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Wine in a day

Wine in a day

While I feel that I know a fair bit about food (well, routinely coming second in the Annual Food Festival Quiz has to count for something right?), I am the first to admit that my knowledge of wine is severely lacking. Enter Sara Bangert from The General Wine Company who hosts regular “Wine in a Day” courses at Michael Sutton’s Cellar. It’s not often that you are given permission to start drinking at 10.30 in the morning so I was most keen to sign up for this one.

After initial introductions – we were a mixed bunch, ranging from chefs and food bloggers to builders and estate agents – the morning kicked off with a general introduction to the different types and styles of wine and how the colour is determined by the types of grapes used. We then went on to consider the factors that influence the structure and body of wines, such as acidity, aroma and flavour characteristics, tannins, barrel ageing and climate. Apparently with the general increase in temperature due to global warming wine makers are having to think hard about ways in which they can mitigate the effects this rise in temperature is having on their grape harvests, such as growing at higher altitudes.

We then learnt about the principal white grape varieties of Chardonnay, Sauvignon Blanc and Riesling, and of course sampled some of the wine varieties containing these grapes. Sara also touched on the proper way to taste wine, which is to first look at the colour, then smell (without swirling the wine), then to smell after swirling and finally to taste, remembering to slosh it all around your mouth as different parts will pick up different flavours.

They say there’s no such thing as a free lunch, and the morning ended with Sara putting our noses through their paces in a rather fun scent test. The Le Nez du Vin wine aroma kit consists of 54 pure fragrances designed to find out how well you can identify the different aromas found in wines. Thirteen little bottles of fragrance were handed around and much discussion ensued. The most common phrase heard was that of “Ooh I know that but I just can’t put my finger on it”. Scores ranged from 1-7 out of 13 (I was very happy with my 5) with a chef and a builder fighting it out in a final tie-break! I found this exercise fascinating as it’s amazing how difficult it is to put a name to a very familiar smell, eg banana without any visual clues. Apparently with practice you can become quite good at this. Of course you then have to try and pick these aromas out in an actual glass of wine … perhaps that’s best left for Wine in a Day Part 2 …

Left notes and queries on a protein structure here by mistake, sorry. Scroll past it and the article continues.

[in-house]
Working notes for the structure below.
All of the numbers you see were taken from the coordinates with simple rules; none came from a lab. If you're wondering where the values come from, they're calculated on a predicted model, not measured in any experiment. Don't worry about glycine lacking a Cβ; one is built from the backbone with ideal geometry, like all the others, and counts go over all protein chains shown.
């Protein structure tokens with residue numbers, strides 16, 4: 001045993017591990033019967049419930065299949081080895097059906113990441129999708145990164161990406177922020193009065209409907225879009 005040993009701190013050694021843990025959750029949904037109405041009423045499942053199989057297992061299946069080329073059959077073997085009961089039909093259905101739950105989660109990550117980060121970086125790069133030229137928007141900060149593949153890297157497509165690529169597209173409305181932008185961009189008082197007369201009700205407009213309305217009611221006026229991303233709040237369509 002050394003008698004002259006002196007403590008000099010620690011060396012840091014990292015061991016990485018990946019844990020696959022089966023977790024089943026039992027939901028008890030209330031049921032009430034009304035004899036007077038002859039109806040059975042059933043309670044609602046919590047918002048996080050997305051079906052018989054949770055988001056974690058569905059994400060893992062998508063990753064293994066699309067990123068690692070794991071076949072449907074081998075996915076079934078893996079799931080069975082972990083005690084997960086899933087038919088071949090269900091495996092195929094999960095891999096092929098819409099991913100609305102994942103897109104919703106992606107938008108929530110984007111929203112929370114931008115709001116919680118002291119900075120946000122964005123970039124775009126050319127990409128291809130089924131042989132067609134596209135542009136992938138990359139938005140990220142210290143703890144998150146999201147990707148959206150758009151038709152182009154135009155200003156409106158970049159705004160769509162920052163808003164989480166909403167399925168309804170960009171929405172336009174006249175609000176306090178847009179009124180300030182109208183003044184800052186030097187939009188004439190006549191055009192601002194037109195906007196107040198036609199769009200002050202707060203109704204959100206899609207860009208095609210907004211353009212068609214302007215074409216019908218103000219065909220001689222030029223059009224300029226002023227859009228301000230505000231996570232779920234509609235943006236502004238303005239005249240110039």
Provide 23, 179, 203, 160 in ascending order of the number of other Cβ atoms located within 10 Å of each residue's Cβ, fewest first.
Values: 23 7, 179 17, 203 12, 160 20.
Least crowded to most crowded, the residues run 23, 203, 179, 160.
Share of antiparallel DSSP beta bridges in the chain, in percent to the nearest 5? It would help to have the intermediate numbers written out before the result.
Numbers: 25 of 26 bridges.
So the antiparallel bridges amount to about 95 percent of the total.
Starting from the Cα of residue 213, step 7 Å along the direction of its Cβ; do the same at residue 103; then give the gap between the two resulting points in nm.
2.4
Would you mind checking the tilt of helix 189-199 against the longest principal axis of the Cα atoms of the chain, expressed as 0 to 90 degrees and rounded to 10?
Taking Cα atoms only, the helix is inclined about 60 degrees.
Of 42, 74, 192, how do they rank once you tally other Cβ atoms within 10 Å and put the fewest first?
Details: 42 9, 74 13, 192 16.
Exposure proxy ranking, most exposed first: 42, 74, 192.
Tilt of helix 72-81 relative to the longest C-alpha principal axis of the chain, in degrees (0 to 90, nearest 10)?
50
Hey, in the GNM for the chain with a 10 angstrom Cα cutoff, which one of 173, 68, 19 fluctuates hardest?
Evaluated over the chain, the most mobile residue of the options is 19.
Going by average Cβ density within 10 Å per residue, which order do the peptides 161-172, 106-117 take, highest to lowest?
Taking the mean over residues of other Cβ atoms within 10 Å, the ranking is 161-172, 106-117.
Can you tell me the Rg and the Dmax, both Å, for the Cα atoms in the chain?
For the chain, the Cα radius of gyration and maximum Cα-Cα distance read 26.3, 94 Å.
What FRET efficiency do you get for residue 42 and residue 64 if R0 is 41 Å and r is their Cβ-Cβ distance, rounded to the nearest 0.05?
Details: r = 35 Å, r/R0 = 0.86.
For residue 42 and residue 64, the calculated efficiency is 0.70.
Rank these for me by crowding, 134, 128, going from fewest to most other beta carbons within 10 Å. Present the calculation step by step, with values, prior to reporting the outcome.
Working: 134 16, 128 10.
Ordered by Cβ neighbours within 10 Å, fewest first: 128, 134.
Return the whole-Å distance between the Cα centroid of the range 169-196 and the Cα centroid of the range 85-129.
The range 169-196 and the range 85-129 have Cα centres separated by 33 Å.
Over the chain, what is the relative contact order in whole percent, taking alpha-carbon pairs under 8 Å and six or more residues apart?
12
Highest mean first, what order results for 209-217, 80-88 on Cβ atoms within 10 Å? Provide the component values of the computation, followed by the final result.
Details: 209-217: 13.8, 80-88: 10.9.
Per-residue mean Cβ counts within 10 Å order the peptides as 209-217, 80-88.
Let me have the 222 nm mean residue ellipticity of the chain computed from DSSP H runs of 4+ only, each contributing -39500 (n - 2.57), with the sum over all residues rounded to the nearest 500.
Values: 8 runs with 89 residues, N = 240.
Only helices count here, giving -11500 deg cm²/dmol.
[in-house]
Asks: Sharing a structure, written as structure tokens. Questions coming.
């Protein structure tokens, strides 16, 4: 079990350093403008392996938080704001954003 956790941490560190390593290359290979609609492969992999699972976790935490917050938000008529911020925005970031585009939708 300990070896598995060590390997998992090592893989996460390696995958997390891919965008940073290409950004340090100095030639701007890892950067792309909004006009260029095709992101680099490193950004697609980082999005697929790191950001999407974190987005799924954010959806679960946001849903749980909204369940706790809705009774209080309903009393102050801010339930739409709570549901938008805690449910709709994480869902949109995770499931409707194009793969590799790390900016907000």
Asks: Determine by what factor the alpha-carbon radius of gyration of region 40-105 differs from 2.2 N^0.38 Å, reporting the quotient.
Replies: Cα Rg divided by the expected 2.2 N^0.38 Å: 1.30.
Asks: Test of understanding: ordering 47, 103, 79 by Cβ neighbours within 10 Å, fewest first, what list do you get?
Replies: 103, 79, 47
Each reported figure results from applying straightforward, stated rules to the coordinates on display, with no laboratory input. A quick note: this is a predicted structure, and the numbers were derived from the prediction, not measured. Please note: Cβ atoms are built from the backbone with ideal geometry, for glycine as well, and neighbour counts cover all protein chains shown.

Having been told to pace ourselves wine-wise in the morning, once lunchtime came we all threw caution to the wind which resulted in a rather more lively afternoon. After discussing some of the major red grape varieties (and discovering that Merlot is the “tart” of the grape world) we focused on matching food and wine. This was the bit that I was really looking forward to, as I admit that I usually just pop some wine on the table when having friends over for dinner without any thought whatsoever about whether it will “go with” the food.

There are obviously many factors to consider when choosing a wine to go with food including sweetness, acidity and tannin content and as we found out it’s not just as simple as serving white with fish or chicken and red with beef. We were presented with a platter of foods, including smoked salmon, spicy chicken and blue cheese and then asked to taste a number of wines with each one. It was fascinating to see how much of a difference the right wine really makes. Some discoveries included :

  • Wines with a high level of acidity go well with oily food, such as smoked salmon.
  • “Big” red wines such as Shiraz don’t generally sit well with oily fish but are gorgeous with dark chocolate.
  • Sweet white wine with blue cheese is sublime.
  • Rich, sweet wines with good acidity combine beautifully with rich foods such as pate and also dark chocolate.
  • Gewurztraminer (a dry but sweet tasting wine from Alsace and a new one on me) is fabulous with spicy foods.

All in all this was a thoroughly enjoyable and informative day. Sara is a great teacher – fun, down to earth and exceedingly knowledgeable – and Jonathan & Suzie are fantastic hosts. You don’t have to know a lot about wine before you go but you will certainly come home with a wealth of useful knowledge (and a tiny bit tipsy) at the end of the day. Unfortunately I also managed to come back minus my notes so I hope I’ve managed to remember everything correctly! You’ll just have to go and find out for yourself what it’s all about.

Other useful information I picked up during the day included:

  • Those people who say they don’t like Chardonnay but love Chablis are talking nonsense … the wine is made from the same grape.
  • Do not keep your wine in the kitchen next to the window or on top of the washing machine!
  • We tend to serve our wine too cold …
  • No-one uses English oak to make barrels … long-term career opportunity?

I would certainly recommend this as a great day out, either for yourself or a friend. Or better still a group of friends … then you can put everything you’ve learnt into practice together. I would like to think that next time friends come round for dinner they may be able to tell I’ve been on this course!



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